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Romania and Bulgaria desperately want to join the Schengen border-free travel area. After a long wait, they might finally be about to get their wish. 

Interior ministers of the Schengen area will vote in December on whether to approve Romania and Bulgaria’s accession to the border-free group of 26 nations, after a more than 10-year wait.  

Ministers will also vote on Croatia’s Schengen accession, widely expected to be a formality. 

For Bulgaria and Romania however, who joined the European Union in 2007 – six years before Croatia – Schengen membership remains far from certain.  

Both countries were given the green light by the European Commission to join Schengen in 2011, when it said that all “technical conditions” had been fulfilled. Since then, however, concerns in some European capitals over judicial independence, the rule of law and – in the case of Bulgaria – organised crime have seen the pair remain outside the Schengen area. 

This summer, however, partly in response to Russia’s invasion of Ukraine and the need to promote European unity, there has been a shift. 

Both France and Germany, hitherto firmly in the sceptic camp, have publicly backed Bulgaria and Romania’s Schengen bids.  

“Schengen is one of the greatest achievements of the European Union, and we should protect and develop it. This means, incidentally, closing the remaining gaps,” said German Chancellor Olaf Scholz in August ahead of a meeting of the European Council in the Czech capital Prague.  

Czechia currently holds the Council’s six-month rotating presidency and has made pushing through Bulgaria and Romania’s Schengen accession a priority. 

Dutch dithering 

In Romania, the ire of the country’s nationalist politicians has in recent weeks been aimed squarely at the Netherlands, viewed as the last holdout preventing the country from taking its place in the border-free bloc. 

At a recent debate in the European Parliament, one Romanian MEP, Rareș Bogdan, threatened to create a “European food crisis” by halting trains and lorries carrying grain at its borders. “Don’t make us play tough,” he said, adding that a new failure to join Schengen would force Romanians to vote for populist, anti-EU parties. Others have called for Romanians to boycott Dutch goods and services. 

But the blame for Romania’s failure achieve Schengen status until now lies closer to home, suggests Claudia Postelnicescu, a Romanian lawyer and political consultant.

“It’s due to the permanent instability of Romanian governments, and the lack of progress in the policies and measures they promised Brussels,” she says.

“Years pass and nothing happens. It is just annoying and disrespectful for any Europeans partners and other member states. It proves incompetency, corruption and a lack of commitment to European values. Romania simply does not have an accountable political elite.”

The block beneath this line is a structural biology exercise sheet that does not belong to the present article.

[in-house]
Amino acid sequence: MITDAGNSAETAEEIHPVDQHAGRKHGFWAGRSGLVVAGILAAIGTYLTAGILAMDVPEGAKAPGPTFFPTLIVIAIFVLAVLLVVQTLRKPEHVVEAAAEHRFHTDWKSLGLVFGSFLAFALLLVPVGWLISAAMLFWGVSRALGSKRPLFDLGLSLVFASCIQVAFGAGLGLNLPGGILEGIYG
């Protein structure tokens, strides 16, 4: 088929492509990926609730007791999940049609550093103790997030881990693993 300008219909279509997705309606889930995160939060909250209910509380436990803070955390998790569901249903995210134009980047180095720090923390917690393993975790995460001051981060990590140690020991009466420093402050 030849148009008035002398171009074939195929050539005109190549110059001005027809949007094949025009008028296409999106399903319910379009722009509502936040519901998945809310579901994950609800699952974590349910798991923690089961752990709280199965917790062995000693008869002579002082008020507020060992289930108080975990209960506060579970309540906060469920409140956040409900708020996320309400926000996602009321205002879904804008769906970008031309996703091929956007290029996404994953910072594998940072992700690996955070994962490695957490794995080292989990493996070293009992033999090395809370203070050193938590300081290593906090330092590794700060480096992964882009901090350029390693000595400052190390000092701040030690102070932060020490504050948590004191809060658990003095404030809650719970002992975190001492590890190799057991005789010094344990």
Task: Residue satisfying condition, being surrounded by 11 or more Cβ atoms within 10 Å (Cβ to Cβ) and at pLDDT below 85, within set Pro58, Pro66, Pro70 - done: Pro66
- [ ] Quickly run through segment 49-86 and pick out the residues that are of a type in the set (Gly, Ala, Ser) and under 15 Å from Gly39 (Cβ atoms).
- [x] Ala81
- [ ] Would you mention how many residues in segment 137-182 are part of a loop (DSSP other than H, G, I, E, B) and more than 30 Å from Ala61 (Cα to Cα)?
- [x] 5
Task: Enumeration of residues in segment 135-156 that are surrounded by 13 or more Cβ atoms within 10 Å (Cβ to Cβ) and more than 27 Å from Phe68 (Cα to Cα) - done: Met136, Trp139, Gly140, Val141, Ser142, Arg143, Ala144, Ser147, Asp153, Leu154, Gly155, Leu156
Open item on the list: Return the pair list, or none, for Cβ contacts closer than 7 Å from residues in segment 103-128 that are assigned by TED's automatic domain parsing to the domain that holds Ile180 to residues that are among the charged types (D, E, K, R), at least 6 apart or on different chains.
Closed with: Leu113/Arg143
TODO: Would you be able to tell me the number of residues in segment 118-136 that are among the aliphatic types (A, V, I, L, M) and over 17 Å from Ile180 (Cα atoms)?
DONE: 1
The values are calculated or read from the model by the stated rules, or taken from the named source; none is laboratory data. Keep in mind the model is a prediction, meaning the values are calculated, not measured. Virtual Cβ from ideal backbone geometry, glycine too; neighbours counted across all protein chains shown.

On a visit to Romania this week (ostensibly to inspect a NATO training base at Cincu, in the centre of the country), Dutch Prime Minister Mark Rutte said that the Netherlands is no longer “in principle” against Romania’s accession to Schengen, and highlighted the fact that Romania had taken “many steps in the right direction”. He also warned, however, that accession must be carried out in a “transparent and fair” manner. 

A clear promise to lift his veto it was not, but Romanian politicians have interpreted his words as encouraging. “Together we will find the best way to solve those issues that are not yet clarified. I am optimistic,” said the Romanian President Klaus Iohannis. 

Good news for business, bad news bureaucrats 

A boon for tourists who will no longer need to queue at land borders and (for some flights) at airports, Schengen membership will unquestionably boost Romania’s economy. Hauliers will see costs fall considerably as lorries are no longer forced to spend hours, sometimes days, waiting to cross borders. 

Indeed, according to the European Parliament’s research service, when two countries are members of the Schengen area, bilateral net trade increases by 0.09 per cent every year. Another study, from Warwick University in the UK, shows that the Schengen area significantly decreases the trade frictions between partners and facilitates cross-country trade integration. 

But there would be losers too, such as the public notaries who make small fortunes off the back of a law which forbids Romania’s under-18s from leaving the country without both parents. 

If Romanian children go on holiday with just one parent, or grandparents, older siblings, friends or simply take part in a school trip abroad, then expensive, notarised declarations are needed; it’s a lucrative business which will in large part end abruptly the moment Romania becomes part of the Schengen area. 

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